A radical Indonesian cleric linked to the deadly Bali bombings will be released from prison this week, authorities said Monday, after an earlier bid to free him early was axed following a public uproar.
Abu Bakar Bashir, 82, once synonymous with militant Islam in the world's biggest Muslim majority nation, will be freed Friday after completing a 15-year prison term for helping fund paramilitary training in conservative Aceh province.
He was sentenced in 2011, but the firebrand preacher's time was cut due to regular sentence reductions handed to most prisoners in Indonesia.
"He will be released on January 8, 2021, as his prison term expired and ended," Rika Aprianti, spokesman for Indonesia's corrections agency, said in a statement.
Bashir's lawyers had appealed for early release citing his old age and risk of contracting COVID-19 in the Southeast Asian nation's notoriously overcrowded prison system.
Bashir, a key figure in militant group Jemaah Islamiyah (JI), was previously jailed over the Bali bombings, but that conviction was quashed on appeal.
He has repeatedly denied involvement in the 2002 bombings that killed more than 200 people -- most foreign tourists -- in Indonesia's worst terror attack.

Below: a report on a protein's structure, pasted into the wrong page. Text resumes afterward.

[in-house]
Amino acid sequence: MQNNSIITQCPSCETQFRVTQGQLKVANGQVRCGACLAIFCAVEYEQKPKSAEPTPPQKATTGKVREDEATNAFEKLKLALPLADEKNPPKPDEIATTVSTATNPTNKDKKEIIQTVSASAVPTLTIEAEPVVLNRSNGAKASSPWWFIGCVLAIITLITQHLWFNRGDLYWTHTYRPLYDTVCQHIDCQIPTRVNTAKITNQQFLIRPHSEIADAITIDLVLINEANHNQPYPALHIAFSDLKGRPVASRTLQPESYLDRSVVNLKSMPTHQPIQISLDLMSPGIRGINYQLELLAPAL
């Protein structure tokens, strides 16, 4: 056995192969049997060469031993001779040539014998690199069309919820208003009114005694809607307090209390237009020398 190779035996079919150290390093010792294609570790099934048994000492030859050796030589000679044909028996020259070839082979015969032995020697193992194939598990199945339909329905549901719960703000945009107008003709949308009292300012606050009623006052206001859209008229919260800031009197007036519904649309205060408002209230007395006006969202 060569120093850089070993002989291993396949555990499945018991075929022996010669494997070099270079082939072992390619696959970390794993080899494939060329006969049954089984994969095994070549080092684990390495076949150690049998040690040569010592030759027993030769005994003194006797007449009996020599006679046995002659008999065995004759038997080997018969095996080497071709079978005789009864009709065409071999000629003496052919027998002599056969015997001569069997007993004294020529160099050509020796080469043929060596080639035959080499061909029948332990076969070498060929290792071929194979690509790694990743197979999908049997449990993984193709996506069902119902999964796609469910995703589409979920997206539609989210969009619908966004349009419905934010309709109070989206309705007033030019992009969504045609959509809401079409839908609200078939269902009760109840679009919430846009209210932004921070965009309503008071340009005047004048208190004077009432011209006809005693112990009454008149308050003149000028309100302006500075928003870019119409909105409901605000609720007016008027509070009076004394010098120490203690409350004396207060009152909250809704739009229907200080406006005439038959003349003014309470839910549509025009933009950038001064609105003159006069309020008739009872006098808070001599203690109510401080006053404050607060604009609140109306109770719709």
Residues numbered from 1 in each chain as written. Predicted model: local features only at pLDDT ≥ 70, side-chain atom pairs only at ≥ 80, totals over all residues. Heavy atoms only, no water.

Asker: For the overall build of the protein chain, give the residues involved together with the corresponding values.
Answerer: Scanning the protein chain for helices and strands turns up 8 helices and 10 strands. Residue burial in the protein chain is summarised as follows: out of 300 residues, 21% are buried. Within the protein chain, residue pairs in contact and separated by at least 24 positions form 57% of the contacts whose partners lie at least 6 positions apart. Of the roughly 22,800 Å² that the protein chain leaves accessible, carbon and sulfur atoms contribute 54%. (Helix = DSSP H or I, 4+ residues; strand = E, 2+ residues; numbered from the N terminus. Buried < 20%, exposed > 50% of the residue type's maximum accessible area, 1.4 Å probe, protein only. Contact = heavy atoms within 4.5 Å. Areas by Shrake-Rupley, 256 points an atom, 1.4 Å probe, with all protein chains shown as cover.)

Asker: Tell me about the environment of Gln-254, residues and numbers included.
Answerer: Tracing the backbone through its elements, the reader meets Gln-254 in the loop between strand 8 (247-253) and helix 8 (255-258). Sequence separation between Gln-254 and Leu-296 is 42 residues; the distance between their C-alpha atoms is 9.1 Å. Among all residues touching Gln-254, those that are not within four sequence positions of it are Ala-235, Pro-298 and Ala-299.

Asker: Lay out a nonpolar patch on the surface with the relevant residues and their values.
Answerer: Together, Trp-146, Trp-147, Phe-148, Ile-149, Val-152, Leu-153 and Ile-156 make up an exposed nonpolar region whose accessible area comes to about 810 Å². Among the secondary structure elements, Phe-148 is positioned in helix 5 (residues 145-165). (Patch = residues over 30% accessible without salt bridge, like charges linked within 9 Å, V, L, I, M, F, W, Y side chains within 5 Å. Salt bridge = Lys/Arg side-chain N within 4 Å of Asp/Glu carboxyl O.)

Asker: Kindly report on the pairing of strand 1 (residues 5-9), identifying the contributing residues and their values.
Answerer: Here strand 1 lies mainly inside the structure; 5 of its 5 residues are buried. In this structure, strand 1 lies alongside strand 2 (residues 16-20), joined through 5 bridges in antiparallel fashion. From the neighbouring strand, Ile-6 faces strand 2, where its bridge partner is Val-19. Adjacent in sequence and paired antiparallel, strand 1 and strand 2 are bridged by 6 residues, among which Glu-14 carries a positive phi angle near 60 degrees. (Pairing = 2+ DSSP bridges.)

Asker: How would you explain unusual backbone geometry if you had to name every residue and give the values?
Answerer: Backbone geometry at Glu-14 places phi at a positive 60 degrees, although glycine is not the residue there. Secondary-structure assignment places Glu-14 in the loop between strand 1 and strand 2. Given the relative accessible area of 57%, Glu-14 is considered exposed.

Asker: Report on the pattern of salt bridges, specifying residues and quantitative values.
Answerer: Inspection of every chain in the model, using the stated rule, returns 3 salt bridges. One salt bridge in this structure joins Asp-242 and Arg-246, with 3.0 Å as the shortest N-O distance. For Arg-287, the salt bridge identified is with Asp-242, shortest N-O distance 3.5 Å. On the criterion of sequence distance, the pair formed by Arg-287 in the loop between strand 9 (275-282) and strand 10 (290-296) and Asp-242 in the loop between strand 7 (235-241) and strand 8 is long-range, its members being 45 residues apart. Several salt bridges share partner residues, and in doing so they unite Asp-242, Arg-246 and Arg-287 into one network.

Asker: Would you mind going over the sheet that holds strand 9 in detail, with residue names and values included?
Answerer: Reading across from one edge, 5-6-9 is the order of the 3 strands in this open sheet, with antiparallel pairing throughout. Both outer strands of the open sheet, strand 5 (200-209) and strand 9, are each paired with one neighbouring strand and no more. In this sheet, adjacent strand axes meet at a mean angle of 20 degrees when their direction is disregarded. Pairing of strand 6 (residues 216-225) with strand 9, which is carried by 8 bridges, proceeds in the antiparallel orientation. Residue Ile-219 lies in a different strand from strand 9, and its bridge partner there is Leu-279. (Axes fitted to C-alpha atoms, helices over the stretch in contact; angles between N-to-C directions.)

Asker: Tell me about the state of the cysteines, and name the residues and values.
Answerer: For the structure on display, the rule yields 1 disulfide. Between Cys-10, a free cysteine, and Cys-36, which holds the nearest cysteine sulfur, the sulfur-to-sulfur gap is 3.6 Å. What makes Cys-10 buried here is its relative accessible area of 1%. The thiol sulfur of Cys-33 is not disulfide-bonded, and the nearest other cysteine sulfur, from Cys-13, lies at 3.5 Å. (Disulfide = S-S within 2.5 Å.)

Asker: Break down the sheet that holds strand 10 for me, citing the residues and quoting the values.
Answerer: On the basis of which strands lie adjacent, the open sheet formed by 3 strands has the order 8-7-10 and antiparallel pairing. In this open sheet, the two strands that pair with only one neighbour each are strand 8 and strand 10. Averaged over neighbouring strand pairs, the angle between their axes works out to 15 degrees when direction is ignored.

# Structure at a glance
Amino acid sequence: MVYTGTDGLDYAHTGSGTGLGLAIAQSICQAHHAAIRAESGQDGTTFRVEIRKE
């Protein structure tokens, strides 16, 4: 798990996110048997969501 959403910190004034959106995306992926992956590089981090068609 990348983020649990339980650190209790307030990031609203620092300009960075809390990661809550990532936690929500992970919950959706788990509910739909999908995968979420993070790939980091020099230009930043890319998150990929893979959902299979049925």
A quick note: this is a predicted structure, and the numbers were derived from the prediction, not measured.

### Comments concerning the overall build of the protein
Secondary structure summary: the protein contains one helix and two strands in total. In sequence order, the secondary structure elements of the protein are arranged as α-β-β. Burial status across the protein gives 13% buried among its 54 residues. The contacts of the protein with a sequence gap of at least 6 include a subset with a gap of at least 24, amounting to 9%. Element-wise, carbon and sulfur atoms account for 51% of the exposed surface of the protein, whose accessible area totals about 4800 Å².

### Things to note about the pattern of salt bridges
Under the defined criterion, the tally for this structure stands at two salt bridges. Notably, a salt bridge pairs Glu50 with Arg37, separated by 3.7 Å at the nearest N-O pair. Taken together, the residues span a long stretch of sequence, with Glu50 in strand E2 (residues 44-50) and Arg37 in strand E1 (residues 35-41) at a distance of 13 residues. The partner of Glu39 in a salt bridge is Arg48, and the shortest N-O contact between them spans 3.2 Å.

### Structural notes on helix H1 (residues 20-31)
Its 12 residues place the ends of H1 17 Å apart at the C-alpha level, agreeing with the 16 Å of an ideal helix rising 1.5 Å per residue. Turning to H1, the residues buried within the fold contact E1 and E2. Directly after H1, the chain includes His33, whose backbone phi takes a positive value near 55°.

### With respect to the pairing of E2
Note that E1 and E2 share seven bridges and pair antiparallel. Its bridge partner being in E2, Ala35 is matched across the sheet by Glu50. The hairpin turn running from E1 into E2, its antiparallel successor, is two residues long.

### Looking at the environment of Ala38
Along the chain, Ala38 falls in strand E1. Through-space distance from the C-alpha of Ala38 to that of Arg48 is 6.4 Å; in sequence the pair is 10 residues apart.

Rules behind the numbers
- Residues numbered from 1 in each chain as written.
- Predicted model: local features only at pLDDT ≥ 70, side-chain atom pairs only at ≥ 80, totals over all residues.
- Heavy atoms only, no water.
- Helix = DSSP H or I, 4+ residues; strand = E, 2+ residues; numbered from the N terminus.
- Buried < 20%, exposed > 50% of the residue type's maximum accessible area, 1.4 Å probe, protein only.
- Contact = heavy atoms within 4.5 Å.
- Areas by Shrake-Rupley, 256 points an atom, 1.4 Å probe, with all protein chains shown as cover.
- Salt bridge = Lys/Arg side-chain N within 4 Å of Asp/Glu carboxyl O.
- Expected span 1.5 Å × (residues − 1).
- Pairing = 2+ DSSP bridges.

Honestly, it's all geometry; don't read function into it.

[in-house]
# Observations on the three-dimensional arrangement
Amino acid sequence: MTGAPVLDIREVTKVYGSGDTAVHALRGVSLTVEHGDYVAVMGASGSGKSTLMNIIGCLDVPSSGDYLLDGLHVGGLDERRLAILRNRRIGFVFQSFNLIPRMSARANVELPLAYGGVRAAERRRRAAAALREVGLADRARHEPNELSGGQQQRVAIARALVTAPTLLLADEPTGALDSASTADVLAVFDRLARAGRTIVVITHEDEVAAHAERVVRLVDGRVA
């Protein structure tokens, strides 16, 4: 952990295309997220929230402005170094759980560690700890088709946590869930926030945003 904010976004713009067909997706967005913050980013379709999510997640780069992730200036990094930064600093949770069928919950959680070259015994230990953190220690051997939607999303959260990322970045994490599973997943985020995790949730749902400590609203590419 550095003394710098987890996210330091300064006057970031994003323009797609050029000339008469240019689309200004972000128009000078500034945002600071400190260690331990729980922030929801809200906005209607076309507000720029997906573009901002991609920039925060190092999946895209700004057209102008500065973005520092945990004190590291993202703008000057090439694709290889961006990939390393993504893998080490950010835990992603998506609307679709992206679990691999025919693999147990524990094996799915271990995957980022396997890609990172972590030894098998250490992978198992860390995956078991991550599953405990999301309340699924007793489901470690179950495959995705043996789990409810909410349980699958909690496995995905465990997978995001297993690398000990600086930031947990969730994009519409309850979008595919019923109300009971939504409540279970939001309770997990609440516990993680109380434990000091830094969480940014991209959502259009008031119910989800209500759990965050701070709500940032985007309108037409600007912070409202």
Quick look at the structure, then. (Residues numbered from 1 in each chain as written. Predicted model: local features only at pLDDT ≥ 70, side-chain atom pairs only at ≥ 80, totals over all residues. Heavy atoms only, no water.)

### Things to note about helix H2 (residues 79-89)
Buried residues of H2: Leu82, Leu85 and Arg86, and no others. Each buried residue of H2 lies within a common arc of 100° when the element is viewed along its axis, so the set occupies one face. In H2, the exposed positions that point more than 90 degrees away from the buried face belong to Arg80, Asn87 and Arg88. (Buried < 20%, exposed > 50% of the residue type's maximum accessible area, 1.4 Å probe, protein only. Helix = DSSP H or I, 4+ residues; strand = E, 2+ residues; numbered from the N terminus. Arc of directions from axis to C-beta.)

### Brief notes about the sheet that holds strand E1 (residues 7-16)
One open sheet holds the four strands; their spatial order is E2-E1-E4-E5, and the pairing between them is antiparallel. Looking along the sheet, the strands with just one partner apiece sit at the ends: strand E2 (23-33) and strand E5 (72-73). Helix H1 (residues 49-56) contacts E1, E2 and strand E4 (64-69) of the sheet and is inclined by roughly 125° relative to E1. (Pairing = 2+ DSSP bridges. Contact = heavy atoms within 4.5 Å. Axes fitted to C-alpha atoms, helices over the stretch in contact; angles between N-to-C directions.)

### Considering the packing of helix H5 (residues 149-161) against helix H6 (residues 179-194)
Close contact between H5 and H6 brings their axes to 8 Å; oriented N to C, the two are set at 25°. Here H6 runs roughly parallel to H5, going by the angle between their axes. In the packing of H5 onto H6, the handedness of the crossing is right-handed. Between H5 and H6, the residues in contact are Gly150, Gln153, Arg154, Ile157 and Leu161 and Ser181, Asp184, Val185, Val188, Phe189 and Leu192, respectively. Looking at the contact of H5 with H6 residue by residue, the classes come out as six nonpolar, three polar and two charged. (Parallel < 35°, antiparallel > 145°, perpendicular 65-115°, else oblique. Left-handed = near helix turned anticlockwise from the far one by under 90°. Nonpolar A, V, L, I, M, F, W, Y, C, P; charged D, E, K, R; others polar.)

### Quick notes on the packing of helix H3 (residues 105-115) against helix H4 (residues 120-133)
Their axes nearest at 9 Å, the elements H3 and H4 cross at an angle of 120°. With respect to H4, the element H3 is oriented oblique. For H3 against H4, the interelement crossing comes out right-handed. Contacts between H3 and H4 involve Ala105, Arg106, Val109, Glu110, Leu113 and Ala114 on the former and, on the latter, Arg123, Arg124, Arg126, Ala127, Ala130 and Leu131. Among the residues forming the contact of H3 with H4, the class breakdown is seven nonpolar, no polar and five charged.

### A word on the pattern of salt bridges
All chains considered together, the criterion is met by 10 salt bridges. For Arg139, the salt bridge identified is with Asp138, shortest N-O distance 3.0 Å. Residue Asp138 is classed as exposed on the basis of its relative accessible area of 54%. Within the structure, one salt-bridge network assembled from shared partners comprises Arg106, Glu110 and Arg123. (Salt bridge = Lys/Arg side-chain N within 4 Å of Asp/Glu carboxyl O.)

Two years ago, plans to grant the ageing Bashir early release on humanitarian grounds sparked a backlash at home and in Australia.
Dozens of Australians were killed in the Bali attacks, and the early release plan was shelved.
Bashir has since been regularly taken to hospital over his deteriorating health.
The 2002 bombings prompted Jakarta to beef up counter-terror co-operation with the US and Australia.
Al-Qaeda-linked JI was founded by a handful of exiled Indonesian militants in Malaysia in the 1980s and grew to include cells across Southeast Asia.
As well as the 2002 Bali bombings, the radical group was blamed for a 2003 car bomb at the JW Marriott hotel in Jakarta and a suicide car bomb the following year outside the Australian embassy.
This week Indonesian police said they had discovered videos showing members of JI training at what they described as terrorist training camps.
The dramatic footage, including kidnapping and weapons simulations, was found on the laptop of a recently arrested terror suspect, they said.